Day: November 16, 2011

If They’re Going To Cover Non-League Football, The Media Has To Get It Right

The First Round Proper of the FA Cup came and went with some criticism of the quality offered by the mainstream media of the non-league game. Mike Bayly was unsatisfied with the cliche and factual inaccuracy that the press offered in attempting to get to grips with the semi-professional game. Coverage of non-league teams in the season’s FA Cup qualifying rounds may have broken new boundaries, but where the FA Cup First Round is concerned, old habits die hard. Despite an unprecedented level of information available on the internet and public record, the same shibboleths, stereotypes and inaccuracies have been trotted out in an age where obscurity appears to be a caveat for ignorance. This long standing problem appears to be wrapped up in the media’s desire to associate non-league football with consistently pejorative labels. Commentators have a disquieting habit of playing up to the “everyman” notion of non-league football in order to give the occasion unnecessary credence. Unfortunately, they remain selective in their observations, with proletarian imagery the order of the day; a shot, pass or tackle is rarely executed without at least one fleeting reference to the painters, decorators and builders who supposedly define the fabric of our semi-professional game. Whilst there is a statistical inevitability about this – and chances are many Premier League players would be plying their trade with a Black and Decker work...

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The Texas Lower Division Shuffle: And You Will Know Us By the Trail of the Debt

Lower division football in the United States of America has been going through some difficulties of late, with some difficulties that will sound familiar to some of our British readers. Elliott Turner reports on the peculiar case of the RGV Grandes. What if we could create a Frankenstein football league that patched together the worst parts of English and American sports? First, the teams would be owned by wealthy individuals, not the community. Second, the teams would be franchises and able to disappear or relocate, like in America. Third, the corporate entity would be so convoluted that nobody would know the true owners or responsible entities. Fourth, and finally, toss in a hobbled Igor of a league with no salary cap or teeth behind regulations. Sound far-fetched? Terrifying? Or both? Sadly, this Frankenstein stalks the world in real life. He is United States lower division football. And the story of football in South Texas offers an example of how everything that can go wrong will go wrong.  When talking about lower divisions, the immediate question is not which team, but which division of the division. No, not 2nd, 3rd, or 4th, but rather which 2nd division? That’s right – in 2009, the United Soccer League (USL) First Division experienced a change in ownership, Nike sold its share to a mysterious Georgia based corporation instead of the Teams Owners’ Association,...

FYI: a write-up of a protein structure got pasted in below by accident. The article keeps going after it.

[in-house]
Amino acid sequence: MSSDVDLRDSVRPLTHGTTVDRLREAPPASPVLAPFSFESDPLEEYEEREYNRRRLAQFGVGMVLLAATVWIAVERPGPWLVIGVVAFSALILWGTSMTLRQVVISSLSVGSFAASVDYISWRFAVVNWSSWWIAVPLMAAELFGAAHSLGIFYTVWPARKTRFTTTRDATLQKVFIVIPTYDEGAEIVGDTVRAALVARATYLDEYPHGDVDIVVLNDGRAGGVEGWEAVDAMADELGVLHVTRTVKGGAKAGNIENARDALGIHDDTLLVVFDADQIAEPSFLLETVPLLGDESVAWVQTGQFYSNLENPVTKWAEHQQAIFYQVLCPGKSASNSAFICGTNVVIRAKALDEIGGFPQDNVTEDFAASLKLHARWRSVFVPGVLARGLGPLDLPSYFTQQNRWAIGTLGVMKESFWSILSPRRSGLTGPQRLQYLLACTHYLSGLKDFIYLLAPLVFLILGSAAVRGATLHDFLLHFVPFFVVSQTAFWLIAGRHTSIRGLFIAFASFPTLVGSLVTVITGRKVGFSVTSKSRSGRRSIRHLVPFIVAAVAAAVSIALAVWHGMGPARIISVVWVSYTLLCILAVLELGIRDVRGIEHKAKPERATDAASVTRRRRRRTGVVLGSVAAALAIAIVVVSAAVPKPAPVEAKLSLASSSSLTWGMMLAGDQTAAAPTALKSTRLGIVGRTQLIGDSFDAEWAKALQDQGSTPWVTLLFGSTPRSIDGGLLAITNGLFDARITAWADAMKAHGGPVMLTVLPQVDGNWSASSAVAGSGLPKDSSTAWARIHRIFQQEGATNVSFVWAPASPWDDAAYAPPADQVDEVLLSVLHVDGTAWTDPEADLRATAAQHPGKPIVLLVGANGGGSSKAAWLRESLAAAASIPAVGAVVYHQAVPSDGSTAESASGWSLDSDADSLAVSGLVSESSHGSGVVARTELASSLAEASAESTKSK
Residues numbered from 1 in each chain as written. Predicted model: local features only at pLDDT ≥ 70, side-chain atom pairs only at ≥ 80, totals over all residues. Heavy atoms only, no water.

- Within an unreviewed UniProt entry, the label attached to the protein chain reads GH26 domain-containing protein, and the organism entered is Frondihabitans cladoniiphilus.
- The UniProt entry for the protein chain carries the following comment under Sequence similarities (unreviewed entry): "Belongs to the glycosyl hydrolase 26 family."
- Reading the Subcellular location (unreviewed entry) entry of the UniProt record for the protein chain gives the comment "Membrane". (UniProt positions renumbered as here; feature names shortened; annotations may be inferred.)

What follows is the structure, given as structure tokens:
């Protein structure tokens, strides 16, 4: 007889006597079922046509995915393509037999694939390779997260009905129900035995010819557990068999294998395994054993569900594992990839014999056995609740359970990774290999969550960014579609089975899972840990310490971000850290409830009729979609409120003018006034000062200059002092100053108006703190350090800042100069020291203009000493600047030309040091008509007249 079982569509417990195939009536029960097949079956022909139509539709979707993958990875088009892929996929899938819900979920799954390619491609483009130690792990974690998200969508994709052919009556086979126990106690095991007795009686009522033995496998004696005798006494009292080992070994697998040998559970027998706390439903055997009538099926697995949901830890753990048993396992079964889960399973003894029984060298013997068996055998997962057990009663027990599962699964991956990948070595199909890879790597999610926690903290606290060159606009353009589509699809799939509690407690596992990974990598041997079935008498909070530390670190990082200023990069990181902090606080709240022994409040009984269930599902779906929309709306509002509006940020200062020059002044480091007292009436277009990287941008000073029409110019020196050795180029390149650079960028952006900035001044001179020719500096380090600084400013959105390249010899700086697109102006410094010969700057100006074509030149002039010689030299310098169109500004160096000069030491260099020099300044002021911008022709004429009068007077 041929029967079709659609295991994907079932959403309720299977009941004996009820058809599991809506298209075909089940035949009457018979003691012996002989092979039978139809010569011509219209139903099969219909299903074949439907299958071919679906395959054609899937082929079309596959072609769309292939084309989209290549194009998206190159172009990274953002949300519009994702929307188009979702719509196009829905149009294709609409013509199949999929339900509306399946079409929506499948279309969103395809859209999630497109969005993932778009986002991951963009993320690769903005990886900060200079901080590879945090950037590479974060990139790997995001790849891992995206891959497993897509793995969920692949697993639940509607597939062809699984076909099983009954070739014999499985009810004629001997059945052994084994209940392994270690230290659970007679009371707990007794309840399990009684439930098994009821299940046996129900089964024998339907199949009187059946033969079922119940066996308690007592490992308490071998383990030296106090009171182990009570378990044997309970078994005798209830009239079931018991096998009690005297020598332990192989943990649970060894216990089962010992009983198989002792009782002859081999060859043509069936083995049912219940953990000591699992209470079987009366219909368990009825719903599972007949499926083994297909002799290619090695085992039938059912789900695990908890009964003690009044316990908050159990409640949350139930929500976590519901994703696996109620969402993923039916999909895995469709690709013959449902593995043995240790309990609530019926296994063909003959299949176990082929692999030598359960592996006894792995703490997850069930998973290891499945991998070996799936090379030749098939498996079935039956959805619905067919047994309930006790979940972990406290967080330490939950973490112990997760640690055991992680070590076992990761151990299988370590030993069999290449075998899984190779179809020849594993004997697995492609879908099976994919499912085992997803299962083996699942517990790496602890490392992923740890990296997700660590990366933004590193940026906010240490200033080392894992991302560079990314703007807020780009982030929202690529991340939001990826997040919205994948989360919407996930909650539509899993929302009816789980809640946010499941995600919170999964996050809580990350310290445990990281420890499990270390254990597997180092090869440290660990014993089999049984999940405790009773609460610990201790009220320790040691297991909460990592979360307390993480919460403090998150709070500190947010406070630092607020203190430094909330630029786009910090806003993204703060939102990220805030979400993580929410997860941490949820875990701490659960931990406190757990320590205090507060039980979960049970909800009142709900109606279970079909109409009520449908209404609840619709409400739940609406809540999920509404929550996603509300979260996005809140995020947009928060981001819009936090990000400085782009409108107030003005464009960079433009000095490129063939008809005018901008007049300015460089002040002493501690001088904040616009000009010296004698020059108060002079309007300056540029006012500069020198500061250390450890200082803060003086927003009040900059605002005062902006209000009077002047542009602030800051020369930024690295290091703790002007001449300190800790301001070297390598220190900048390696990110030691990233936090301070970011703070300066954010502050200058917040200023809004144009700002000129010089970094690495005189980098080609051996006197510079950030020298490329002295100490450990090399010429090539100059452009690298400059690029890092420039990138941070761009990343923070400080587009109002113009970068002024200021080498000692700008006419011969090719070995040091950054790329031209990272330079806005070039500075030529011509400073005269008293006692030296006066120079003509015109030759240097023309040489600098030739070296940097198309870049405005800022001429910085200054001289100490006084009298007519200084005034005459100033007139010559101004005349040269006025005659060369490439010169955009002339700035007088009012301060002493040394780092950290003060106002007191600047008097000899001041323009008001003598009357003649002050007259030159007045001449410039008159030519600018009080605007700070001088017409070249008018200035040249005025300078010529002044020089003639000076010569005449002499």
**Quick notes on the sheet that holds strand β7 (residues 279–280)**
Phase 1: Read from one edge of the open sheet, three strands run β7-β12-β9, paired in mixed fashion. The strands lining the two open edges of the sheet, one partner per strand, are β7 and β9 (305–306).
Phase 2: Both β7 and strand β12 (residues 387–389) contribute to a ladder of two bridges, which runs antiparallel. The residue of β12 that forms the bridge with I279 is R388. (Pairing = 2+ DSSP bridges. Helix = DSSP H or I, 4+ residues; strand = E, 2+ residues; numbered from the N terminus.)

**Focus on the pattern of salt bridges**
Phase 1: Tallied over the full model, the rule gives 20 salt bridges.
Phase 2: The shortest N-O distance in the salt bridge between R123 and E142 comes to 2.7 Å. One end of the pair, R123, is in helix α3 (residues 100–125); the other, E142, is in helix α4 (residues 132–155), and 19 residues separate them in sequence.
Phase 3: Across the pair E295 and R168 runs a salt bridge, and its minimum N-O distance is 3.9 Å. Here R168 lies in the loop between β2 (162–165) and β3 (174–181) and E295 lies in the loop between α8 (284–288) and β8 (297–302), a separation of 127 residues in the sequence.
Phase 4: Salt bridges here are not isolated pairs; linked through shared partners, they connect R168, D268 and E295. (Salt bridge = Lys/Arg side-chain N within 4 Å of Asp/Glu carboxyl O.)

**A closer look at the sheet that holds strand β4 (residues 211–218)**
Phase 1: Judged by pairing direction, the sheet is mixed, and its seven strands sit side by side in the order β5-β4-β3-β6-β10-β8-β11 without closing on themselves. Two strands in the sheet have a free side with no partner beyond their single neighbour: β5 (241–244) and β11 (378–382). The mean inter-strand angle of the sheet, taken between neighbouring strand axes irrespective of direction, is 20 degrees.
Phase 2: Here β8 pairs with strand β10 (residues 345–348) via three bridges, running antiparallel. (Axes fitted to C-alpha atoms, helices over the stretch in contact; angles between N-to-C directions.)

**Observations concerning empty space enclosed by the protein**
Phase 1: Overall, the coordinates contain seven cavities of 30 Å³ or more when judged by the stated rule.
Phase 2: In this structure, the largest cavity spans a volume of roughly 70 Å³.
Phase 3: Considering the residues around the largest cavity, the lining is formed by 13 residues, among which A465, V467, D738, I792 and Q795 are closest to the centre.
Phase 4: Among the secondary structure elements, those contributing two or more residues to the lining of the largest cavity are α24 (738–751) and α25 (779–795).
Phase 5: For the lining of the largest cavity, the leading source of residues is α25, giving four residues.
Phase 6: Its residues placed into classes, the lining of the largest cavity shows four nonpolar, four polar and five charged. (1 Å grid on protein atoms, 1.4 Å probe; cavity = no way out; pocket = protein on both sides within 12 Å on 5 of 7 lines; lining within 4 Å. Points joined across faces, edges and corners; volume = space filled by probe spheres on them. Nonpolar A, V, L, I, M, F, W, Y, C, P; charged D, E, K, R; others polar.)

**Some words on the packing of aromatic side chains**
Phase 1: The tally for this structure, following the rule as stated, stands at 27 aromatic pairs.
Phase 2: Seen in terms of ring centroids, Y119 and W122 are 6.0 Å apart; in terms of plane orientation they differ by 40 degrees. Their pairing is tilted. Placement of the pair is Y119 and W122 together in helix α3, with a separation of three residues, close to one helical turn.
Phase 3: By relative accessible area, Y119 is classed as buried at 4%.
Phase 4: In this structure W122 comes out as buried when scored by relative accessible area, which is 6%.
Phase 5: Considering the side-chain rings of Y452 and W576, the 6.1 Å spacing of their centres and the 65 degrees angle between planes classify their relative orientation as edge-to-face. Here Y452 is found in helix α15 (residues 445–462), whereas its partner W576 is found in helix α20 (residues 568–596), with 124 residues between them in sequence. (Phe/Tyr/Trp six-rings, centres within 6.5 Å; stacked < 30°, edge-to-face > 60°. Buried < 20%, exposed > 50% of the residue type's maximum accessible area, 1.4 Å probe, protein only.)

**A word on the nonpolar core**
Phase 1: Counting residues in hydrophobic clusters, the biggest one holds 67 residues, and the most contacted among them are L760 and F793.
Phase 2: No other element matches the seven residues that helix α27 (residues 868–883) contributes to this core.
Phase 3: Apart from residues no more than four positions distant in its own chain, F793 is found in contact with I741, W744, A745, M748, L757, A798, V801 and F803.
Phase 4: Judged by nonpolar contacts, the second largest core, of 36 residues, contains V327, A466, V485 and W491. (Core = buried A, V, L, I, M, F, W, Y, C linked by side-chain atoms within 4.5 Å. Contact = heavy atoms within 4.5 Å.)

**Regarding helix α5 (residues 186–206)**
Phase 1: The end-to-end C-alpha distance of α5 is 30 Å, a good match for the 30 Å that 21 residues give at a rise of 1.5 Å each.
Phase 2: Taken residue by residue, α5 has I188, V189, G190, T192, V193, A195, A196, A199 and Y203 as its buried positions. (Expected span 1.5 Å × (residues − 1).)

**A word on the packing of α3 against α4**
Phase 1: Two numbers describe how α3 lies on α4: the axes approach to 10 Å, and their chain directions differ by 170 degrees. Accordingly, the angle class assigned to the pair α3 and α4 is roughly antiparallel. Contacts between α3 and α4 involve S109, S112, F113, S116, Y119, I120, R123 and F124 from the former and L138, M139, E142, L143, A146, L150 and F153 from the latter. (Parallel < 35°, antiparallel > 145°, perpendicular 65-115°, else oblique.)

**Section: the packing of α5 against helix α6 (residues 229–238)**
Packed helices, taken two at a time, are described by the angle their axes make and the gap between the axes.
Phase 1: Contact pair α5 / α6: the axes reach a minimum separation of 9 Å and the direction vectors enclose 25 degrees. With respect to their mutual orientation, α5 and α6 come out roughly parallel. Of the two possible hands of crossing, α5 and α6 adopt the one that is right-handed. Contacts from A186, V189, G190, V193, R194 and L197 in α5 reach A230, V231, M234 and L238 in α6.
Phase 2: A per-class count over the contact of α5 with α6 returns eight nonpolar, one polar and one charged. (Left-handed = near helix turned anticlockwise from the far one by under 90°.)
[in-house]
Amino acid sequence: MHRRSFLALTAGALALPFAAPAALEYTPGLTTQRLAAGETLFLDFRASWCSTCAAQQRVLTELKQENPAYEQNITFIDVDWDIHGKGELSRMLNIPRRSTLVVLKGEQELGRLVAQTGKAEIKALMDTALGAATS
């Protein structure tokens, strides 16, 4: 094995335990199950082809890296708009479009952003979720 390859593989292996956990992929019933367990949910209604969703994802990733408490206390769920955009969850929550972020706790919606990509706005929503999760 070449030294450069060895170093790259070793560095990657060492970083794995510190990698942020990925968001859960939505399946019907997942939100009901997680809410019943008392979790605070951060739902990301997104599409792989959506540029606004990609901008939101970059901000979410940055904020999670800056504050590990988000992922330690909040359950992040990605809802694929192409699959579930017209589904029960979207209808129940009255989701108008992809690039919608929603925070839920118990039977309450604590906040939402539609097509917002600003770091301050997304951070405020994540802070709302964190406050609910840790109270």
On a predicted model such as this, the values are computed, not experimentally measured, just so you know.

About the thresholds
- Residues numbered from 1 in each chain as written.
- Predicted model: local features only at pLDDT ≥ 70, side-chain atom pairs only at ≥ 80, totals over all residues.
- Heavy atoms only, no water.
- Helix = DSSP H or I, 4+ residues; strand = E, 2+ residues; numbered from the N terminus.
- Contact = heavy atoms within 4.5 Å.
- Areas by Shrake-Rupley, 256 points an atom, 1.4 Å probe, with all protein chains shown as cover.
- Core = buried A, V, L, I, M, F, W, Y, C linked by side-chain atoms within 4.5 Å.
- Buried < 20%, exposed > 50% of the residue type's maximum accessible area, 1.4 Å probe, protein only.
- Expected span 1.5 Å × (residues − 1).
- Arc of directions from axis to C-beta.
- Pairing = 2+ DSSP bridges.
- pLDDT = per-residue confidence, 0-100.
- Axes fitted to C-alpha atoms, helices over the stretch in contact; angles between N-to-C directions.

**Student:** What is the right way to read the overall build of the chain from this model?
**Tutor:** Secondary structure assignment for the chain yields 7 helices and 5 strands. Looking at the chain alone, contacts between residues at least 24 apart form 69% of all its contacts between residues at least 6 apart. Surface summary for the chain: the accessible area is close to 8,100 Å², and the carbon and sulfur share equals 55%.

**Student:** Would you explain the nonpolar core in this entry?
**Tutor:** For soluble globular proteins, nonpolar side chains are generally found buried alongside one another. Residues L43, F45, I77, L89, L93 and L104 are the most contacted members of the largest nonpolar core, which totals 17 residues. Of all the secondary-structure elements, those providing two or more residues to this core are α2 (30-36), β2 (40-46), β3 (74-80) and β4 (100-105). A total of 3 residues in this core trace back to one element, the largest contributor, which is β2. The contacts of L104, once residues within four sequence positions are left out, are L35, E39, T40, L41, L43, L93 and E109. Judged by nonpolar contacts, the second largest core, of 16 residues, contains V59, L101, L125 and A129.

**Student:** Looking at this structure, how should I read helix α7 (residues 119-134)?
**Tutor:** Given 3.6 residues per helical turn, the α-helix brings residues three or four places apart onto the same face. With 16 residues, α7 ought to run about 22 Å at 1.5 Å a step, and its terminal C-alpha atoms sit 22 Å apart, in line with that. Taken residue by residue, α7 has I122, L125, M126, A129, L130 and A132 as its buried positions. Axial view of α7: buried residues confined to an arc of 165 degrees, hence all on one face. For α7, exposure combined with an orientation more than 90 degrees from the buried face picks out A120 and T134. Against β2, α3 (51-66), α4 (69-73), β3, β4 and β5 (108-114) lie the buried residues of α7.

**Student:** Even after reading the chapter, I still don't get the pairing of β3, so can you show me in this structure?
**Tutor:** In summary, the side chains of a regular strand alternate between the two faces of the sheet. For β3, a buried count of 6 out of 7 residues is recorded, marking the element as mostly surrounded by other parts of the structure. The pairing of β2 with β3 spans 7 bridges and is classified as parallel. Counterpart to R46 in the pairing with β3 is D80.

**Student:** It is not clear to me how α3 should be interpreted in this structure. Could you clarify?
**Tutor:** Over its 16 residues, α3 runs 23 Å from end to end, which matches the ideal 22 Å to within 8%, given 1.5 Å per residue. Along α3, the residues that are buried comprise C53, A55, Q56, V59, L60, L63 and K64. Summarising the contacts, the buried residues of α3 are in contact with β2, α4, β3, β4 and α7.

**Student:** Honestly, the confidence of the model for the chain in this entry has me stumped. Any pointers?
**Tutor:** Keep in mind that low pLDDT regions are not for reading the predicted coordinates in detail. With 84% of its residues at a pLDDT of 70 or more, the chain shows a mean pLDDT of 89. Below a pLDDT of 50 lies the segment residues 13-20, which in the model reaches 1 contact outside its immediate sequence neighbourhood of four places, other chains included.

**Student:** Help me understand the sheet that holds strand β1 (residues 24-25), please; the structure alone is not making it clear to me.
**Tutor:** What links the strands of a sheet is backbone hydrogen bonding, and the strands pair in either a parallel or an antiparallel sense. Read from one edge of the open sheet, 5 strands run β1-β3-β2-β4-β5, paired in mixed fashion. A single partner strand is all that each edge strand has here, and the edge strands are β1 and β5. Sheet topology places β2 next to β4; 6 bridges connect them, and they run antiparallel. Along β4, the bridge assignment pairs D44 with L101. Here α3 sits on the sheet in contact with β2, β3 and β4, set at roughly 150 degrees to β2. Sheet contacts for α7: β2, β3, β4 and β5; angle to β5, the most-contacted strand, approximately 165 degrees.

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Is History Repeating Itself At Nene Park?

We are only three months into the new season, but already it feels as if history is beginning to repeat itself. In July, the county of Northamptonshire lost Rushden & Diamonds after a season of spectacular mismanagement – a new club, AFC Rushden & Diamonds, has already started a youth team and is expected to begin again from the start of next season – and this time around there is now a sizeable body evidence which indicates that the club that took over their Nene Park home during the summer, Kettering Town, could well be set to follow them into serious difficulties. Kettering were due to be entering brave new world territory with their move to a ground eight miles from their home town, but the team has been struggling on the pitch and rumours are now beginning to grow of serious difficulties off the pitch as well. It wasn’t, of course, supposed to be like this. With 1,000 season tickets sold, supporters of the club had reason to believe that growth and success off the pitch would be the compensation for leaving its traditional Rockingham Road ground and into the home of their former rivals, under a twenty-five year lease. Rumours started to grow over the weekend that the club’s players had only been paid a percentage of their month’s wages and, with several of the club’s players...

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